We live in a world of interest rate “communists”. Governments, not the free market, set our interest rates. It’s one of the last vestiges of outright central planning. But nobody questions it. Despite our opposition to other forms of government intervention in our economy.

Do you believe in price controls? The idea that the government should set the price of goods and services?

We did actually try it, here in the UK. And it was a bit of a shemozzle. A big one, actually.

The only thing worse than letting the free market forces of supply and demand set prices is letting the government do it. That’s because, they might be able to set the price, but this just creates bigger problems elsewhere.

There is, after all, a reason why the price is too high or too low for our liking in the first place. Addressing the symptom is very different from curing the disease which causes it.

A high price is a signal that more needs to be produced to meet demand. And the same high price is of course the incentive to produce more as well. Hence, as commodity traders on Wall Street like to say, “The cure for higher prices is higher prices”. Because it encourages the production that brings prices back down.

A strangely low price likewise discourages production, resolving the excess surplus which caused the low price. But let’s stick with high prices and shortages for today. Otherwise, I’ll have to explain everything twice.

If the government, in its infinite wisdom, decides the price of some good is too high and it butts in with artificially set lower prices, you get continued shortages. The right amount isn’t produced. The problem which caused the higher prices in the first place (a lack of production) persists. Because more production isn’t incentivised. The price doesn’t warrant it.

Once this is exposed under government price controls, the government has two choices. Either the government takes over the industry, or it issues rationing. Under rationing, politics decides who gets the limited goods and services. And that’s when people wish they’d never asked a politician to mess with prices.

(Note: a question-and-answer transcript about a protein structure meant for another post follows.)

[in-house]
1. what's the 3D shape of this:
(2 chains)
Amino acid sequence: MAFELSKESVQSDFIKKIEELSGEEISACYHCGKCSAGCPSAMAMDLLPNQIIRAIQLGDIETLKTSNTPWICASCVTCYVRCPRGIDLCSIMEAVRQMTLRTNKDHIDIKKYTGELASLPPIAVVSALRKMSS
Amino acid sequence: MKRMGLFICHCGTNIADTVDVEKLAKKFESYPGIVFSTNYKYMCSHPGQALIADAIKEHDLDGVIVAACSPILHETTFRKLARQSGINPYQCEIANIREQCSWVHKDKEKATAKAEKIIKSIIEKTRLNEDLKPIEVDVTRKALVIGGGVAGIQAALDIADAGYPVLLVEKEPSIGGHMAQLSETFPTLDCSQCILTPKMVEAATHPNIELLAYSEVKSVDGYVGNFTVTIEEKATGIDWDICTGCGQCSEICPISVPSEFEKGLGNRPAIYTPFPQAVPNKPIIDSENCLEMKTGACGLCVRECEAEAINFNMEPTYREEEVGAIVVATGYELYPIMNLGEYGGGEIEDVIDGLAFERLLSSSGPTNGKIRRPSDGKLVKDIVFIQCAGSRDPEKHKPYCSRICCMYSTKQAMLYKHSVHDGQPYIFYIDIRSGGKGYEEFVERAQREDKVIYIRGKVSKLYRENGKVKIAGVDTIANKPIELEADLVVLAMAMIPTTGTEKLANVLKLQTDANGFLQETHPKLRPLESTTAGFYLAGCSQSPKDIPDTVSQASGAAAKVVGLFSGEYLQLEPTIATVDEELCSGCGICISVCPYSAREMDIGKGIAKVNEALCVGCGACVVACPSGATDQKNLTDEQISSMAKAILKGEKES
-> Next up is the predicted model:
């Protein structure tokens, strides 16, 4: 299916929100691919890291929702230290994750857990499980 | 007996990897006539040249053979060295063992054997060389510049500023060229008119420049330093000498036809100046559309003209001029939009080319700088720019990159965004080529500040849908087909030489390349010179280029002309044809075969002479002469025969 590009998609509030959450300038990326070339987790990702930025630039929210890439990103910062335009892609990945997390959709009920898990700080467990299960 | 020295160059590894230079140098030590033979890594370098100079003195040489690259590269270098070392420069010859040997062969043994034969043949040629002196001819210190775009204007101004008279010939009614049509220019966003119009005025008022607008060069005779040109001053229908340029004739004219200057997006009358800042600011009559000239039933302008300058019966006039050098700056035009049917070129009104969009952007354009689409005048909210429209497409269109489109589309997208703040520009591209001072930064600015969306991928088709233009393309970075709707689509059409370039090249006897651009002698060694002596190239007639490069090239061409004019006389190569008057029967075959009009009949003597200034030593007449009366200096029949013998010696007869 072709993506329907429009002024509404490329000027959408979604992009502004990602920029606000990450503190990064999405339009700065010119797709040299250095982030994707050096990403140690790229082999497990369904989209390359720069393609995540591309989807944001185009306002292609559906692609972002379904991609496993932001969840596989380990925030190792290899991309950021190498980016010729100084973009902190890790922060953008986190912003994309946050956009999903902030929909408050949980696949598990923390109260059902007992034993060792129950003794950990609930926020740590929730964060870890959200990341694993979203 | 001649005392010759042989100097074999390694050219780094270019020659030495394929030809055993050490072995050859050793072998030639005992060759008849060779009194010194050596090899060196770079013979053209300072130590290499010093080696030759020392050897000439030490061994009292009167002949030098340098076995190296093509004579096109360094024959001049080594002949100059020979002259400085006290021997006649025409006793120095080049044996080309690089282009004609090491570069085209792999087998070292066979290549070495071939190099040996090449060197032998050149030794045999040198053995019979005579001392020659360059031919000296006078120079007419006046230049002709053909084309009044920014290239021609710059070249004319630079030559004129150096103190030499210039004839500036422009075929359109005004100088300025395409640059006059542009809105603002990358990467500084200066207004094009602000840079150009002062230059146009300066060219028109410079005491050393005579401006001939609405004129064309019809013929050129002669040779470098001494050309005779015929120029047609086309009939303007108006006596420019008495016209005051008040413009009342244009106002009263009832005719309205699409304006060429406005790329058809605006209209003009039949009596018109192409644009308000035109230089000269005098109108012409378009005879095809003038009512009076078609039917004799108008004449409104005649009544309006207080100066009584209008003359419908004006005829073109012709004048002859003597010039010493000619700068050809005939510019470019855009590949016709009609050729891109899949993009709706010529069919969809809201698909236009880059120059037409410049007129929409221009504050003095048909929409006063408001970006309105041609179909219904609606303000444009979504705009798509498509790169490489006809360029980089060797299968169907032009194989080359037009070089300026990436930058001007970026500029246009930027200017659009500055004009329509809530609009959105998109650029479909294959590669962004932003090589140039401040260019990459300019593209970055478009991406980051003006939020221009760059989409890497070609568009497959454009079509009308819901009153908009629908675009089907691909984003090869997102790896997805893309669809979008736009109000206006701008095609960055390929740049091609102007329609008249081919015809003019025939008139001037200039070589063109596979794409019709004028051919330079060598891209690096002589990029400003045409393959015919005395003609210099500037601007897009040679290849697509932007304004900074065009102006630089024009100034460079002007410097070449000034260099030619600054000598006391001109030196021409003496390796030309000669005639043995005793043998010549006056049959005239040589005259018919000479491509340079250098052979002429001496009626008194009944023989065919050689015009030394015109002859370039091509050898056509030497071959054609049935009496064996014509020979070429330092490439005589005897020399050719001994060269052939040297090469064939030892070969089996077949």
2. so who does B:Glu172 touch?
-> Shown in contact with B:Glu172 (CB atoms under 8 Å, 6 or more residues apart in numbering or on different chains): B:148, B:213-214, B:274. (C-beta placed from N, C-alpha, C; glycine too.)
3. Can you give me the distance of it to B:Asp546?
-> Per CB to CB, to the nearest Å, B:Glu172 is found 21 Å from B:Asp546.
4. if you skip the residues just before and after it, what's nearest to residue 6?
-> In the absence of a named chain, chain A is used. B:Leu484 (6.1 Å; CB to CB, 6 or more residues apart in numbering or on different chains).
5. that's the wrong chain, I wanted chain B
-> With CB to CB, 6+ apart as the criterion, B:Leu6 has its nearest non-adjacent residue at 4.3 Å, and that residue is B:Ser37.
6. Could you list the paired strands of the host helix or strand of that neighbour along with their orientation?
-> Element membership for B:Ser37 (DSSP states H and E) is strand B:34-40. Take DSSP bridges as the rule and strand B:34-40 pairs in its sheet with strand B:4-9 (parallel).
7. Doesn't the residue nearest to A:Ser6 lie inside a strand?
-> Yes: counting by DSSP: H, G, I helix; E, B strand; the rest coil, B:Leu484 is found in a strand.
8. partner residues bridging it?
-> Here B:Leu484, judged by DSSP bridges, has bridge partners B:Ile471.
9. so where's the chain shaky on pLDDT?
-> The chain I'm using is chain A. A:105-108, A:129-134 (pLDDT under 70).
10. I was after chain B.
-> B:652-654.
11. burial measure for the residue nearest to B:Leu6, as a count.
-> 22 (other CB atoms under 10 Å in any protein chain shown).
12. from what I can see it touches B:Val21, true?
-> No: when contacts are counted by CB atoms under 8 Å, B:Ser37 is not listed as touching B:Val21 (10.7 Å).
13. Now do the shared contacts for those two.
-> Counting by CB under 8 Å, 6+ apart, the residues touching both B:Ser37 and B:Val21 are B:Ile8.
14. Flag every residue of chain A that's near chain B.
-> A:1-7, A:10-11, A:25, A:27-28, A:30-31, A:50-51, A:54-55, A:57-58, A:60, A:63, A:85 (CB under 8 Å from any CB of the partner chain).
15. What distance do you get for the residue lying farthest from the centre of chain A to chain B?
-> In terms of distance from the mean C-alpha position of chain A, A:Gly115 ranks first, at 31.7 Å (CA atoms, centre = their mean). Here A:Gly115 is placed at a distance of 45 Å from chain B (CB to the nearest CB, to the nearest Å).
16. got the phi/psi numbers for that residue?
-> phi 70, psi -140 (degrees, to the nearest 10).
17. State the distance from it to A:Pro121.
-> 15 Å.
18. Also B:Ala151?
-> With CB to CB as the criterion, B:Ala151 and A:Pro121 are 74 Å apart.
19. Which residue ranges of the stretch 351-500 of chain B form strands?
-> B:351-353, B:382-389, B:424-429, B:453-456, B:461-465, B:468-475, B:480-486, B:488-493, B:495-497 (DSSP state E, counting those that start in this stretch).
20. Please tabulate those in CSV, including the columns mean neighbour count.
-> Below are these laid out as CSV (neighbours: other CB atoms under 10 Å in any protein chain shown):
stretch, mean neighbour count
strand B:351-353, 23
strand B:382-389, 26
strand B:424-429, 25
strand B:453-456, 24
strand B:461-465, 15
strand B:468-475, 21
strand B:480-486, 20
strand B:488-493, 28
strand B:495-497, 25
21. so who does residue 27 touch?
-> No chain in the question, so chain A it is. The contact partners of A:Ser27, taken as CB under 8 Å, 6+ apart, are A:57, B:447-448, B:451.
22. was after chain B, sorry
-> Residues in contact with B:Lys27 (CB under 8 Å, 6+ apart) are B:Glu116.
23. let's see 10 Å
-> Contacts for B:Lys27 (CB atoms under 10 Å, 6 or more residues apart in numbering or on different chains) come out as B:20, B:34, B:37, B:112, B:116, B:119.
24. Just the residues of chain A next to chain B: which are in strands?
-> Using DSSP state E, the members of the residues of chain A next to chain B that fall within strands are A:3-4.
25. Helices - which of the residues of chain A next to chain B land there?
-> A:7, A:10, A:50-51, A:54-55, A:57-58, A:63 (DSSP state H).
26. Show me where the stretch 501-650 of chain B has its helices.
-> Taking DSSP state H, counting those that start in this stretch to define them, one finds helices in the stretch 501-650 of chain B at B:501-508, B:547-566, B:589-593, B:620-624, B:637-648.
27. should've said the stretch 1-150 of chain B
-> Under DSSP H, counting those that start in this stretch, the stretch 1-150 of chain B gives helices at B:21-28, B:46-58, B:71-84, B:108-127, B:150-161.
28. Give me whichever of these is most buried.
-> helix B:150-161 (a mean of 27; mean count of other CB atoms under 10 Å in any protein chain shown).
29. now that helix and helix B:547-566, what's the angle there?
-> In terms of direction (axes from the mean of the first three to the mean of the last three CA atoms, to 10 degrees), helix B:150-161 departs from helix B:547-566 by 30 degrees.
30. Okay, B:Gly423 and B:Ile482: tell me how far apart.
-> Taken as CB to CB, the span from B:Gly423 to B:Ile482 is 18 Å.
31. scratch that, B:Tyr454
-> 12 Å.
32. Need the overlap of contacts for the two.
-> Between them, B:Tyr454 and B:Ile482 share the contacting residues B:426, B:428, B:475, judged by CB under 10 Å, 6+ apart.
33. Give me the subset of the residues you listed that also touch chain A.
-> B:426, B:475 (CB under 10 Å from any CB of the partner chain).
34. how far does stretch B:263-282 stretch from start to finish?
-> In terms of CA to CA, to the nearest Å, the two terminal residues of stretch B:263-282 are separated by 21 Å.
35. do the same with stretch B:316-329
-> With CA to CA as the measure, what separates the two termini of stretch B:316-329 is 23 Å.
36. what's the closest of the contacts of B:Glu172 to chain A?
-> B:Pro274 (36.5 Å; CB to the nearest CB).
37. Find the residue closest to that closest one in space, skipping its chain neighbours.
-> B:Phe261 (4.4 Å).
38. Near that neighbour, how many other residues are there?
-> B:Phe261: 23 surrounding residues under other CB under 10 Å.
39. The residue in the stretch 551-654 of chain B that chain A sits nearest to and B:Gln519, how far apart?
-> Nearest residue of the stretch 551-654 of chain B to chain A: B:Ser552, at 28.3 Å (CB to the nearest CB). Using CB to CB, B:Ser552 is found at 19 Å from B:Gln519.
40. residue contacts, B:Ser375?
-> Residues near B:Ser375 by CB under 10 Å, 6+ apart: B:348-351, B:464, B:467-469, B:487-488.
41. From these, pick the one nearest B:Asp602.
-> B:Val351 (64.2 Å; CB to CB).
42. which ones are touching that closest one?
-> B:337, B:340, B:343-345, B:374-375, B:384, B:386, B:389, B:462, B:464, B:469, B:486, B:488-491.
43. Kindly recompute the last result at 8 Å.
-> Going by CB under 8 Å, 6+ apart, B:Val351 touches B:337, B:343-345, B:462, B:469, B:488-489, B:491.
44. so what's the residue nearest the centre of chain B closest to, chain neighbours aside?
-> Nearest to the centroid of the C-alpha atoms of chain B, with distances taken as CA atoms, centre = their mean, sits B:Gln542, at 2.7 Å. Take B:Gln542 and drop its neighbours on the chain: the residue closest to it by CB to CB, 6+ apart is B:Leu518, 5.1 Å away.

The odd thing is that, despite most people either understanding all this, or at least believing it, they don’t apply the same logic to interest rates. For some reason, we all accept the idea that governments should control interest rates. We’re a bit like North Koreans in that sense. Interest rate “communists”.

Of course, the government abdicates the responsibility to their friends at central banks these days. But the effect is the same. Interest rates are set by the Bank of England instead of supply and demand. It isn’t a free market. It’s central planning.

The consequence is of course the same as any other price control. You get the same problems. Shortages and surpluses, rationing and dumping. The good in question is, of course, debt. Because the interest rate is the price of debt.

The booms and busts of Goodhart’s Law

Ever wonder why we have housing bubbles?

Well, what is one of the assets most impacted by interest rates?

House prices, of course!

And so, if you were to argue that government fiddling with interest rates will only cause trouble, what sort of trouble might you be inclined to expect?

Housing bubbles, of course!

And what sort of trouble have we had over the last 20 years?

Housing bubbles in the US and parts of Europe, of course!

None of this should surprise you, in other words.

But how does it work? First you get a surplus of debt as central bankers keep interest rates artificially low to spur on the economy. House prices are bid up because they are most impacted by this cheap debt.

But eventually the economy overdoses on all this debt. And so higher interest rates are needed. Those higher rates pop the housing bubble.